“How do you think I got this?” I pointed at the big scab on my chin.
Standing in front of a classroom of eight year-olds in India, they made outlandish and simple guesses, “an accident?”
“Yes, but what KIND of an accident?”
Of course I had to give them the answer because who is going to guess that I skinned my chin climbing up the trunk of an elephant?
While the clinics were a powerful and important experience they were surely not the entire focus of my third trip to India in a year. With my friend Joan there was certainly a lot of fun as well. We did a lot of the things you DO when you visit India. We went to the Taj Mahal. We ate spicy food, pause, with our fingers. We stopped by the side of the road to see some nomadic blacksmiths at work. We did some shopping, especially textiles. I had my favorite cotton Indian blouse copied in linen. It was so nice I asked them to make two more. We went to the Ranthambhore Tiger Reserve and we even saw tigers.
“Luck and chance,” is what we heard over and over again about whether you will see them. I know several people who haven’t. But what wasn’t luck and chance was our good fortune to get a cancellation of a private jeep, called a gypsy, which allows greater flexibility in following the cats.
Joan got the heebie-jeebies when Goldie, sitting in the left front seat, would turn around to talk with us. He wasn’t driving, though, as in India the driver sits on the right and cars drive on the left. “I knew I was getting used to it here,” said Joan, “when I stopped taking pictures of the cows every where.”
And of course we got to have our elephant encounter. We got to feed them, paint them, ride on them. There is a tall platform with stairs to get on top of the elephant, but once I saw the elephant rider climb up over the trunk I decided that would be a good a idea.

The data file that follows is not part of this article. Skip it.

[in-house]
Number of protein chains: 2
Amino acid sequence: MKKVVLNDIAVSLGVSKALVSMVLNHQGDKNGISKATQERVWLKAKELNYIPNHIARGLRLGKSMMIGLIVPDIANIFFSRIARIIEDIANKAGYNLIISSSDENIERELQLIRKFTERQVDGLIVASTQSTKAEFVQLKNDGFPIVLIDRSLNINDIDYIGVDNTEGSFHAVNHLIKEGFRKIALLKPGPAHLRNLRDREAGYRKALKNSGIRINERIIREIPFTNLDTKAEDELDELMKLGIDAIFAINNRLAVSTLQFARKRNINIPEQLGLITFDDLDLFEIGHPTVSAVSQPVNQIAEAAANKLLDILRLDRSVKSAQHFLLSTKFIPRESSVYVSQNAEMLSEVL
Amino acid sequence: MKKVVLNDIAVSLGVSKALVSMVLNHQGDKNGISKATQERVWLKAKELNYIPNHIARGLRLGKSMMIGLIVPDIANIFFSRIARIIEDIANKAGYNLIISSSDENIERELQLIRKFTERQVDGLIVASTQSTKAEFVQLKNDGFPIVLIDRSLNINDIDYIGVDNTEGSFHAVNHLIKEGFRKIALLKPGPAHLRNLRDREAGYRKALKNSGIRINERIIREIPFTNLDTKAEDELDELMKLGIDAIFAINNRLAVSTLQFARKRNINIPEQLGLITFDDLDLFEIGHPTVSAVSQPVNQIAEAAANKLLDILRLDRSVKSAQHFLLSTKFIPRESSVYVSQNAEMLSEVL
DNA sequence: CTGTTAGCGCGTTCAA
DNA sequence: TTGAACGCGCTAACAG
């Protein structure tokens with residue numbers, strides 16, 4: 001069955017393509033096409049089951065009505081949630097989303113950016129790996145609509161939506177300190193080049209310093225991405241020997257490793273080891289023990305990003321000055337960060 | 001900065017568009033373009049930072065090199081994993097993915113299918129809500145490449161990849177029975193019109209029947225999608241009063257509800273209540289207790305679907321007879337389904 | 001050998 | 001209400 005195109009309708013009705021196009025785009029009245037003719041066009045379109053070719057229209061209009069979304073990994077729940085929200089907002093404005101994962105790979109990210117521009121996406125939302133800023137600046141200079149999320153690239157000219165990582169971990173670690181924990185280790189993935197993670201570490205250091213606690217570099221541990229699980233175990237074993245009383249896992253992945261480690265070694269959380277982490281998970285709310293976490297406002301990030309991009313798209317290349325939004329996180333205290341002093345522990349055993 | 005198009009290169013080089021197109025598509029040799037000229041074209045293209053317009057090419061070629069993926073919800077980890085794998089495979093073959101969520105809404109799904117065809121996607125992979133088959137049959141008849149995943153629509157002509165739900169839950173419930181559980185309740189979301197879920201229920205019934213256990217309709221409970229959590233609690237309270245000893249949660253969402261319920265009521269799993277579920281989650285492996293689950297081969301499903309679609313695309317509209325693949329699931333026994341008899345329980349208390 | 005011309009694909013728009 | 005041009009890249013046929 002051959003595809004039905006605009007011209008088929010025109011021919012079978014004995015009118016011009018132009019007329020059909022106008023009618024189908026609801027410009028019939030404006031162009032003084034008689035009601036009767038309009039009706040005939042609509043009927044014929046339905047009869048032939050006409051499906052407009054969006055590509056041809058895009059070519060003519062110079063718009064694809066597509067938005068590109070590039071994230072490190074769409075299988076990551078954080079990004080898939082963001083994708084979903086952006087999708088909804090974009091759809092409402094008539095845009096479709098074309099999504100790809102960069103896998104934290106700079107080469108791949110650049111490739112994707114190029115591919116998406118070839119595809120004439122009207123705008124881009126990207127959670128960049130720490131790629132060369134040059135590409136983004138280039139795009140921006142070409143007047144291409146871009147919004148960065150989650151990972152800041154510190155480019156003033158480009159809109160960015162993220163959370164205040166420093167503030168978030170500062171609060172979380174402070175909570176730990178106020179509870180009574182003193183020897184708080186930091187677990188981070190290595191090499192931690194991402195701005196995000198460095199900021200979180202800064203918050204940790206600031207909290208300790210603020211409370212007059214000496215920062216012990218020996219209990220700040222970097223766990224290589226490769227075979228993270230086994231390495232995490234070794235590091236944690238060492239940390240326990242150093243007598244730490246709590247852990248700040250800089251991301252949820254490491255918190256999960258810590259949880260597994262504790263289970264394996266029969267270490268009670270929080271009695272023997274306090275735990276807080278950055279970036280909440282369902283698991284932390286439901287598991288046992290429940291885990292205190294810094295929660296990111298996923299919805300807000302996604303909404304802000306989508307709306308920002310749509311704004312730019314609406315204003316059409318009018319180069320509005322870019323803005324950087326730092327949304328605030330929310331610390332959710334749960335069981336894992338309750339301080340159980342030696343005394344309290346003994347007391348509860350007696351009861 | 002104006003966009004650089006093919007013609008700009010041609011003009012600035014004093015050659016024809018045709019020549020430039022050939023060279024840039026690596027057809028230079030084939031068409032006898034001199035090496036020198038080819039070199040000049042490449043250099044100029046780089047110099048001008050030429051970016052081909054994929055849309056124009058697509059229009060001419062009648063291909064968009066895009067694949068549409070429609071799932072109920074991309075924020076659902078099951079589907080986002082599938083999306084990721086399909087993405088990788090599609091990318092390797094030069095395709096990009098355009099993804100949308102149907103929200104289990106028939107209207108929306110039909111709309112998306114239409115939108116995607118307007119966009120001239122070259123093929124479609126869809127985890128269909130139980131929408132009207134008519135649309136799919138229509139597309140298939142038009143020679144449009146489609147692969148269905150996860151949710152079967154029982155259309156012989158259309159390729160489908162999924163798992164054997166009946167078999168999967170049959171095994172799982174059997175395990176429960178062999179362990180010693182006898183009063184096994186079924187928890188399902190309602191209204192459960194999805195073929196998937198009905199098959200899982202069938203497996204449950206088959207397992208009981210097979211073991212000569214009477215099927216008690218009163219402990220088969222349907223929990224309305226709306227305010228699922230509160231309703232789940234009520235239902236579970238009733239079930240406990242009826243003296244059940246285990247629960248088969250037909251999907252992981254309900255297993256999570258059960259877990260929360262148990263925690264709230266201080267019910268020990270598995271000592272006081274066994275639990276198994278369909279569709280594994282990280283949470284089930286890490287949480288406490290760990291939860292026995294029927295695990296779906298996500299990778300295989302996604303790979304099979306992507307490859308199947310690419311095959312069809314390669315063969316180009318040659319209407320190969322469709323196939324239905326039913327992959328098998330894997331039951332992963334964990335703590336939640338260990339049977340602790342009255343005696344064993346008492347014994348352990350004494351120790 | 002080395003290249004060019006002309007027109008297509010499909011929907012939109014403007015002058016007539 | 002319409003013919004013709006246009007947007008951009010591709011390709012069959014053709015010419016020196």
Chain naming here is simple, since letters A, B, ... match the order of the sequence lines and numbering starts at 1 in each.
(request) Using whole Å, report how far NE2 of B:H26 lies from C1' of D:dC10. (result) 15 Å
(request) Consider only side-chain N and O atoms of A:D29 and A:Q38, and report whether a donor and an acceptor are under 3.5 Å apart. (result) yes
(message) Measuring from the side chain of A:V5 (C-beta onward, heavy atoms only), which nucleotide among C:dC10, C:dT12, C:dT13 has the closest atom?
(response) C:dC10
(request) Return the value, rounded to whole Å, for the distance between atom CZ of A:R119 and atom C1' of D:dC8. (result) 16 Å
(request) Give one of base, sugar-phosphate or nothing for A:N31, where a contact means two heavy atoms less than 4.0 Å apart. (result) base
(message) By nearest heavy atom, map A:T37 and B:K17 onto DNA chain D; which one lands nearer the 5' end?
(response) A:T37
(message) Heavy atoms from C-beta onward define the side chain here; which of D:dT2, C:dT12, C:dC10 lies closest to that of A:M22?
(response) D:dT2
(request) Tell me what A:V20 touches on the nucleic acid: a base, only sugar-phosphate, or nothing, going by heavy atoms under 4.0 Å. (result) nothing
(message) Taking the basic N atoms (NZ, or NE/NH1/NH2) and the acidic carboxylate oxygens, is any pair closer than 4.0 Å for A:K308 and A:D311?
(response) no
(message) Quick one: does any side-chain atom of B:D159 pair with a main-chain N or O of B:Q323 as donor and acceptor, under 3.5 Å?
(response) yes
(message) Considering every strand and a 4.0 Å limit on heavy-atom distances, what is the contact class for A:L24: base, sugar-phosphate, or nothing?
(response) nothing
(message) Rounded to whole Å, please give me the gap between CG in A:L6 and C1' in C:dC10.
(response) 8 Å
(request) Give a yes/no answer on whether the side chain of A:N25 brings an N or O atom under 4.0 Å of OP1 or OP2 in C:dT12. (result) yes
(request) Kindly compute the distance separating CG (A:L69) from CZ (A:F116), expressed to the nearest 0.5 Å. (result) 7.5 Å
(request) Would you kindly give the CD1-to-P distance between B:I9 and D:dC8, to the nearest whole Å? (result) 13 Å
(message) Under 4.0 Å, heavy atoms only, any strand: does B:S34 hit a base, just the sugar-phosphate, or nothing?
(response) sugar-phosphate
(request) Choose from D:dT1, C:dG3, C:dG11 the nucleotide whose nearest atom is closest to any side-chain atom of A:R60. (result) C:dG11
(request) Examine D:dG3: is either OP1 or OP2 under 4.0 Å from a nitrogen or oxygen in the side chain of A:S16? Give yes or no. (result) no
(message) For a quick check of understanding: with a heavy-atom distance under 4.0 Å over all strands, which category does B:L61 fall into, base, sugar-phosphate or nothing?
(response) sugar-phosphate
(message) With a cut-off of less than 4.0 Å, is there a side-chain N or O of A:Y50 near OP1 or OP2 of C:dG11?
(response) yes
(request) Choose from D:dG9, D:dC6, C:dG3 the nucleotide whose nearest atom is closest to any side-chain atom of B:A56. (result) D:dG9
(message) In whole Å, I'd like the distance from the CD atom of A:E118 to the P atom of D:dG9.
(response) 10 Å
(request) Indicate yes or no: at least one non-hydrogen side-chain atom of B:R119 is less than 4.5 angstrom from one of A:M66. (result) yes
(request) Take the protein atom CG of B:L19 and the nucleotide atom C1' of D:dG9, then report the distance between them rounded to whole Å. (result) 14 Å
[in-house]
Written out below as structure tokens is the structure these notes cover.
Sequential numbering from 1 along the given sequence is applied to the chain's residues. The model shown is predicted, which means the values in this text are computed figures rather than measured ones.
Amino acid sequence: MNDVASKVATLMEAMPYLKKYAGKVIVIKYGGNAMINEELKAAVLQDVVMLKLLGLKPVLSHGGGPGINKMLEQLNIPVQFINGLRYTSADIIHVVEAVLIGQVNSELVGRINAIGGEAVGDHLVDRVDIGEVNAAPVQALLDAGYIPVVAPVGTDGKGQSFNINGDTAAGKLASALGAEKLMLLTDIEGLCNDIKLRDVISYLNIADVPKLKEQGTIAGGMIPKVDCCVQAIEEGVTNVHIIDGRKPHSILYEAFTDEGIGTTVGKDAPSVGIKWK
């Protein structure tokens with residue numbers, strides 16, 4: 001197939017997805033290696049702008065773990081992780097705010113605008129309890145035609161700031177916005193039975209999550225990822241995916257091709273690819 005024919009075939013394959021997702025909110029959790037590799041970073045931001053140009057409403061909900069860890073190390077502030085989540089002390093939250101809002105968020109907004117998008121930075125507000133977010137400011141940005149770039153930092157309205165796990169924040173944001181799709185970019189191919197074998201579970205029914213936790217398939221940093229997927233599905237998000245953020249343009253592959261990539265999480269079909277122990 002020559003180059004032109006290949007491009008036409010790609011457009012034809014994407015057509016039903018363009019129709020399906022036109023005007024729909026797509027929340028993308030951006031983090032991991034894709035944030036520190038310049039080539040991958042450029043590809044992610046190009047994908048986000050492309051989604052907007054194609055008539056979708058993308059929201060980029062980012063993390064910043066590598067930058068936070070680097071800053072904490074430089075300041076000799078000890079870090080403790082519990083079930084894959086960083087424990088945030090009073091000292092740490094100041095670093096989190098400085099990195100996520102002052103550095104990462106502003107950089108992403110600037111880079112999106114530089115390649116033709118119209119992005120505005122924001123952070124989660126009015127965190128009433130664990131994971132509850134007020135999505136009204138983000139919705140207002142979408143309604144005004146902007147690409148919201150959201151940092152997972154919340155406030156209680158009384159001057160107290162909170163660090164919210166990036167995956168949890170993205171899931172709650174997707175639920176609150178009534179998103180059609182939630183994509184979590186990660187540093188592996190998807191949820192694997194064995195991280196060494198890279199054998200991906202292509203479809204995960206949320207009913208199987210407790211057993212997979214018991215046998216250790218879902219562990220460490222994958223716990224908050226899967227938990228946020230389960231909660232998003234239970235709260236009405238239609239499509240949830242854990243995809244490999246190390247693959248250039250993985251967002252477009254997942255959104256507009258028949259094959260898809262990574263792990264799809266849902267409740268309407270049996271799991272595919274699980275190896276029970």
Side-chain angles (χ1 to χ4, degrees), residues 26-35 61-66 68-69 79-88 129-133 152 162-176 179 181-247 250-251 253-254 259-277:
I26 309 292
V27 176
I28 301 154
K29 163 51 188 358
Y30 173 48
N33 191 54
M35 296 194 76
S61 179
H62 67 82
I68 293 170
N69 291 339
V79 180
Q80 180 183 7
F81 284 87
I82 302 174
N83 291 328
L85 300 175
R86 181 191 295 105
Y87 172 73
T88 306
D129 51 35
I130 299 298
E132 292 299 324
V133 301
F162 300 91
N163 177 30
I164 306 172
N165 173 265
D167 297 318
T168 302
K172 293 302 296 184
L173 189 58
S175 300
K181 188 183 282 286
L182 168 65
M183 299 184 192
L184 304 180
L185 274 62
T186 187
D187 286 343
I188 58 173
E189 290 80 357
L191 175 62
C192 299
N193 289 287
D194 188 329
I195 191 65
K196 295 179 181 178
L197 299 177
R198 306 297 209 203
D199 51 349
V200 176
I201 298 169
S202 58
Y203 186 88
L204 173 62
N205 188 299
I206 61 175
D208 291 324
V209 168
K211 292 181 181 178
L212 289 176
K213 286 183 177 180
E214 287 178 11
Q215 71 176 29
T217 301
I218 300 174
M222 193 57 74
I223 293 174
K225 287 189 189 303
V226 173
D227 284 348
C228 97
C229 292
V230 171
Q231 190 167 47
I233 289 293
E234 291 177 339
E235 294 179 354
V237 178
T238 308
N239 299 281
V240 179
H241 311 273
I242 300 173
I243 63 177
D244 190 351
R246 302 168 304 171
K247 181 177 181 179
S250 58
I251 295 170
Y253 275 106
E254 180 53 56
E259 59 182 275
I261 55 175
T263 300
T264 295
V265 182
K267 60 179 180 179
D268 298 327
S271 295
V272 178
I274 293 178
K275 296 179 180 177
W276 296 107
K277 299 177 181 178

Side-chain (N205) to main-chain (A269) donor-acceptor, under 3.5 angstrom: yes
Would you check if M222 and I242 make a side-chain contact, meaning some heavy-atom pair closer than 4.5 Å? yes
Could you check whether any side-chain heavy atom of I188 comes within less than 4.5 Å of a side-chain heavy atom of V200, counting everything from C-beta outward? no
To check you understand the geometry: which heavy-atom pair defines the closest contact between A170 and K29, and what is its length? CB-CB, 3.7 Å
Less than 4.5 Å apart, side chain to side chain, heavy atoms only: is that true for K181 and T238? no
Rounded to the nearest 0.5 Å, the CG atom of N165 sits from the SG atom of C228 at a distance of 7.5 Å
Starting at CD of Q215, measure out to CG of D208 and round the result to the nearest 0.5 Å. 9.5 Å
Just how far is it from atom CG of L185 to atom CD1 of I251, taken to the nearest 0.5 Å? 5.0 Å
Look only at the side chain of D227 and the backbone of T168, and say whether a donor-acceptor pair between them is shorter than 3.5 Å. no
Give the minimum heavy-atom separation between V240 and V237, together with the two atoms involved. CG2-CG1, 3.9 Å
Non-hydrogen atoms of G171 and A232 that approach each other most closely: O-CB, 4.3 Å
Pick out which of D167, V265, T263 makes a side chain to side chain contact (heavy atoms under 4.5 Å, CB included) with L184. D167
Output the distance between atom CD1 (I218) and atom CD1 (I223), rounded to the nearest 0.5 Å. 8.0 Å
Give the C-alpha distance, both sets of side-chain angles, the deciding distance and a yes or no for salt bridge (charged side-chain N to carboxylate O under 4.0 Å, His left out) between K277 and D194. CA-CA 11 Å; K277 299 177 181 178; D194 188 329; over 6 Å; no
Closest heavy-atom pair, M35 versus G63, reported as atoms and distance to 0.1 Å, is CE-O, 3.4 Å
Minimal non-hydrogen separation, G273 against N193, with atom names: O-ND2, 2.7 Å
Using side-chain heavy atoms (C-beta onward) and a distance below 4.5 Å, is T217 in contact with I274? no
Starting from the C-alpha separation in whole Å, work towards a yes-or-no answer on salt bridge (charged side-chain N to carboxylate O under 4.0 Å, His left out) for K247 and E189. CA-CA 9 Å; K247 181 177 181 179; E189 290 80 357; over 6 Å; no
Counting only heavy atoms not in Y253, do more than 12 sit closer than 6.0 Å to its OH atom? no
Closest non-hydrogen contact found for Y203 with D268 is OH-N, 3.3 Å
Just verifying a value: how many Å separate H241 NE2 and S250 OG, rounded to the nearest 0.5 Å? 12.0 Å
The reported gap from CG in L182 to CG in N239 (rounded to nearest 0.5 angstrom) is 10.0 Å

“Really? You want to do that?”
And so the call went out. “Crazy American lady over on aisle 7!” My Hindi isn’t so good, but I’m pretty sure that’s what they were saying, because an audience appeared seemingly out of nowhere.
How do you climb up the trunk of an elephant? You use the ears as handles, reach your foot up as high as you can in front, stepping on the trunk, using it as a springboard as you scamper/shimmy up over the head. That audience was also helpful as a couple of the men were pushing on my feet and trying to make sure I didn’t fall down. Up on the head of the, facing backwards I was having a huge laughing fit.
“Now turn around.”
You want to know what Pilates is really good for? When you are on an elephant and facing the wrong way, you are fifteen feet up in the air, THAT is when your Pilates workouts will pay off for you. Evan and Kaitlyn at OnPointe Pilates would be proud.
I even have a video of this, which I am incapable of loading here, but if you email me, I’ll send it to you. Guaranteed laughs. Somehow my chin kissed the elephant’s head in this process and I walked around with a big scab for 10 days.
And after me Joan decided she wanted to climb up the elephant trunk too. Totally graceful. No bodily injuries. Can’t bear to think how much Pilates she must be doing.